The World Bank in its annual study included Bulgaria among the top 10 countries that, in its opinion, implemented the largest number of reforms in 2006. Late 1970s. The technological advances of the 1980s in western countries made the Bulgarian industry obsolete. The reforms undertaken at that time were timid and the external debt increased notably.


As of 2007, Bulgaria has a population of 7,604,687 residents. Life expectancy is 72.5 years. 98.2% of the population is literate. The average number of children per woman is only 1.39, which is causing its population to decrease by 0.83% each year, around 45,000h.

Main ethnic groups in the country: Bulgarians: 83.9%, Turks: 9.4%, Gypsies: 4.7%, as well as small groups of Armenians, Jews (mostly Sephardic), Russians and Karakachans (Greek-speaking nomadic ethnic group).


Orthodox 20%, Muslim 12.3%, Catholic 0.6%, Protestant 0.5%, others, Atheists and undeclared more than 50%.

Since 865 Bulgaria has traditionally been a Christian nation, with a large majority of Bulgarians belonging to the Bulgarian Orthodox Church. During the Ottoman period Islam was established in the country, Catholicism has been present since medieval times and Protestantism arrived in the 19th century. There is also a Jewish minority in the country.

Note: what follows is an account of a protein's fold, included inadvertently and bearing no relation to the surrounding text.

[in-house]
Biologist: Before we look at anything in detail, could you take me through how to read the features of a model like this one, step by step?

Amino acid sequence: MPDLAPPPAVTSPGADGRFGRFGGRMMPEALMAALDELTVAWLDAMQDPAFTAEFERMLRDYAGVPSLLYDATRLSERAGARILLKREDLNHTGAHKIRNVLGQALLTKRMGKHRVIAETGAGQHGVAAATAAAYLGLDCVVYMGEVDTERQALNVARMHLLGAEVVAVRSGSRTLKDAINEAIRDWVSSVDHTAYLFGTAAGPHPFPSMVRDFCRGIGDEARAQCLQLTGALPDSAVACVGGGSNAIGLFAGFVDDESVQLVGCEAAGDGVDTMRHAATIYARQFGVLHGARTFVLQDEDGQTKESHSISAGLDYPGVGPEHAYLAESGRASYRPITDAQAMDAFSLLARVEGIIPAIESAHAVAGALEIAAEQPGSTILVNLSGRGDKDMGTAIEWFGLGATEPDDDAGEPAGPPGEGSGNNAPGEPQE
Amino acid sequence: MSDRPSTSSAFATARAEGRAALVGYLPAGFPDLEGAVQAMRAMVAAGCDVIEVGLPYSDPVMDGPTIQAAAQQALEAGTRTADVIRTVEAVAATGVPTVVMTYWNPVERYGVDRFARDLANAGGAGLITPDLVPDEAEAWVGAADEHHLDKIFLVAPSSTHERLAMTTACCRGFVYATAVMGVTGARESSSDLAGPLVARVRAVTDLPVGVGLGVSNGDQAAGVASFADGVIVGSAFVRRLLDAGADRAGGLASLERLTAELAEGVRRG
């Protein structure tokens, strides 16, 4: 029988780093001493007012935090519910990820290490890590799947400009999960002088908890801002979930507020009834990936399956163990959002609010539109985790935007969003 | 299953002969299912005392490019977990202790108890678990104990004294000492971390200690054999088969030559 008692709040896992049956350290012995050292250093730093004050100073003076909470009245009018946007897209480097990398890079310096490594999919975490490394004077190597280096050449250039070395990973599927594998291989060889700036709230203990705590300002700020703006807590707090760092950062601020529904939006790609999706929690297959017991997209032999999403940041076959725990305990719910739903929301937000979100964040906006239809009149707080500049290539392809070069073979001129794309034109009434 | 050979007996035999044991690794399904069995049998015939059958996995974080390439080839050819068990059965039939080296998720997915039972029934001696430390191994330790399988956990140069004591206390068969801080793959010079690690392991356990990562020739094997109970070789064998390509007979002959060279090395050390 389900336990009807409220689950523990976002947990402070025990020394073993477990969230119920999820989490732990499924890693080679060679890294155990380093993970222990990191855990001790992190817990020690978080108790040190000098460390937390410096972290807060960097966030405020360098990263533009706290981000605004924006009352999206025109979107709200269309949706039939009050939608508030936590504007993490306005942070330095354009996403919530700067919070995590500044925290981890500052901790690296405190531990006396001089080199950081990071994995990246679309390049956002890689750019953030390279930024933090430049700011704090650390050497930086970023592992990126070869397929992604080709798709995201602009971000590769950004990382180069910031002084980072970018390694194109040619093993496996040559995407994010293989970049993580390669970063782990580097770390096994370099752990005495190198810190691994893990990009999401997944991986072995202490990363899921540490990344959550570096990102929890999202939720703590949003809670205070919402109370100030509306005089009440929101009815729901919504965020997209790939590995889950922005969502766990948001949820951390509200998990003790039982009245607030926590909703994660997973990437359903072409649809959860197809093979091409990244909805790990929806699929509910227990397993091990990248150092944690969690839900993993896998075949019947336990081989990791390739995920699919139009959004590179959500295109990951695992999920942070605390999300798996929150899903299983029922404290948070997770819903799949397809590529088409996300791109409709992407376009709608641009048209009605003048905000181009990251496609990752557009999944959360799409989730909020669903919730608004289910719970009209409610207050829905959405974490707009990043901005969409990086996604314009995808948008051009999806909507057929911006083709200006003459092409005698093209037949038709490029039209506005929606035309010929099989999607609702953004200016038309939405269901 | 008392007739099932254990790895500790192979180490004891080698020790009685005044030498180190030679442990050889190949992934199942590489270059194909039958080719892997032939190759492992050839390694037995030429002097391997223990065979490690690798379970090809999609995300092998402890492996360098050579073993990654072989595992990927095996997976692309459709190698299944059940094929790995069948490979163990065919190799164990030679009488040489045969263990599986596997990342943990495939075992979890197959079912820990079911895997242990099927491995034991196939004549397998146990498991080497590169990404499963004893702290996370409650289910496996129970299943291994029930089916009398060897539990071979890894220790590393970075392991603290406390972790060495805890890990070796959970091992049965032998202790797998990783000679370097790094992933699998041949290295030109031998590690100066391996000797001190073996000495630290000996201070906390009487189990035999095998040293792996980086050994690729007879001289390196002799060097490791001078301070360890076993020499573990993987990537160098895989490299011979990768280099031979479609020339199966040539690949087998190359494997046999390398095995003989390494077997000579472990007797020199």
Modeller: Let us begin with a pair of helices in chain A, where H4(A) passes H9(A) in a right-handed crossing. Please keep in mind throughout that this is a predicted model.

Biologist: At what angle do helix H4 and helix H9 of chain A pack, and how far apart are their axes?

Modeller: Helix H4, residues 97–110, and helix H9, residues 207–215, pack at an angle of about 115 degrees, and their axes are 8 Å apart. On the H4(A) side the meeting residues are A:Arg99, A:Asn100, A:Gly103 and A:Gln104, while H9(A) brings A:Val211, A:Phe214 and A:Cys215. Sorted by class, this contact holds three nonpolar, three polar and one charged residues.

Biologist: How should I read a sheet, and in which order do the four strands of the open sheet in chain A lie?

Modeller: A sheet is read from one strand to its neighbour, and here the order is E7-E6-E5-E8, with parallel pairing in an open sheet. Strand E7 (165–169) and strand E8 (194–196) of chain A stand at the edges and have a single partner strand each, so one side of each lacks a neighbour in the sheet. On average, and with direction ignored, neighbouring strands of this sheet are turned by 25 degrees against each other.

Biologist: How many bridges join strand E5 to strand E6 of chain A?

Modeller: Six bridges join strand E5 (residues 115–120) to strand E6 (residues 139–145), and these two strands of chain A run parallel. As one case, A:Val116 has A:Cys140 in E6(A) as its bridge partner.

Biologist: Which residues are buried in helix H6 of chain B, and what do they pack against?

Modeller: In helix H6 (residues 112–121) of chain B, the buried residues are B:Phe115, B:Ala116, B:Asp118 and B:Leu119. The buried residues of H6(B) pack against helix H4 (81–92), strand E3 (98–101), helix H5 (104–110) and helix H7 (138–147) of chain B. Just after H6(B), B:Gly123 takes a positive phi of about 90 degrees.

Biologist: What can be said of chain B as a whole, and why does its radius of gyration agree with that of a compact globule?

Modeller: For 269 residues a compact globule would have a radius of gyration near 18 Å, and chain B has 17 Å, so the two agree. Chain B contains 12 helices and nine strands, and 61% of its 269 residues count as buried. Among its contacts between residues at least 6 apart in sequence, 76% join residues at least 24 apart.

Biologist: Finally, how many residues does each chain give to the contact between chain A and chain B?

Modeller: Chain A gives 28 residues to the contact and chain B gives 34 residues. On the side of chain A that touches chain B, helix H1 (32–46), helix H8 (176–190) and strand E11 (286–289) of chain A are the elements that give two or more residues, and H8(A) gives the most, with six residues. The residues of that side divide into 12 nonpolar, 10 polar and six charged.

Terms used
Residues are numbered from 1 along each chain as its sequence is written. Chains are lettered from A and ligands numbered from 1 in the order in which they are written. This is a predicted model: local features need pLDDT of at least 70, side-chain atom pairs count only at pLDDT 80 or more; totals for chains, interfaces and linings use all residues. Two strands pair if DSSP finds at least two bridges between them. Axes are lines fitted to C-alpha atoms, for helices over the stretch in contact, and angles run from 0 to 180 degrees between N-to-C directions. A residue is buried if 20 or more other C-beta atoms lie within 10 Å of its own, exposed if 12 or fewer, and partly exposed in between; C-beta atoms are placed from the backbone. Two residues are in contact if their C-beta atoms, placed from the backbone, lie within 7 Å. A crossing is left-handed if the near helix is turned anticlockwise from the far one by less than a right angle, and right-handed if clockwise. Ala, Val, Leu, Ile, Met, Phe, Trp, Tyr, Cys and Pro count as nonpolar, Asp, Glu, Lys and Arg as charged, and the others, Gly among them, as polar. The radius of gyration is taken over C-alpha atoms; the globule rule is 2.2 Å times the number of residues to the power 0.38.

Unlike several of its neighbors, in Bulgaria religions coexist peacefully. Sofia, the capital of the country, has a reputation for being very tolerant and in fact, Saint Nedelya Church, Banya Bashi Mosque and Sofia Synagogue are only a few meters apart.


According to Andyeducation, Bulgarian is the official language of Bulgaria, it is also one of the official languages of the European Union. In its diversity, it has managed to enrich itself with archaic and international words, as well as with words typical of each region close to its borders. A tendency to internationalize the verbal background and improve the rapport and understanding of the various cultures of the Balkan Peninsula has achieved homogeneity in the forms of expression.

Other secondary languages correspond to the different ethnic groups.


Often described as a country at the crossroads between East and West, Bulgaria functioned as the center of Slavic Europe for much of the Middle Ages, exerting considerable literary and cultural influence on the Slavic world through the literary schools of Preslav and Ohrid. Bulgaria also gave rise to the Cyrillic alphabet, the second most widely used in the world, which originated in these two schools in the 10th century.

A number of ancient civilizations, especially the Thracians, Greeks, Romans, Slavs and Bulgarians, have left their mark on the culture, history and heritage of Bulgaria. The country has nine places declared as World Heritage Sites:

  • Knight of Madara.
  • Two Thracian tombs (one in Sveshtari and one in Kazanlak).
  • Three monuments of medieval Bulgarian culture (Boyana Church, Rila Monastery and Ivanovo Rock Churches).
  • Two examples of natural beauty: the Pirin National Park and the Srébarna Nature Reserve.
  • The ancient city of Nesebar.
  • The Varna Necropolis, 3500-3200 BC. It contains the oldest examples of goldsmithing in the world.

Bulgaria State Overview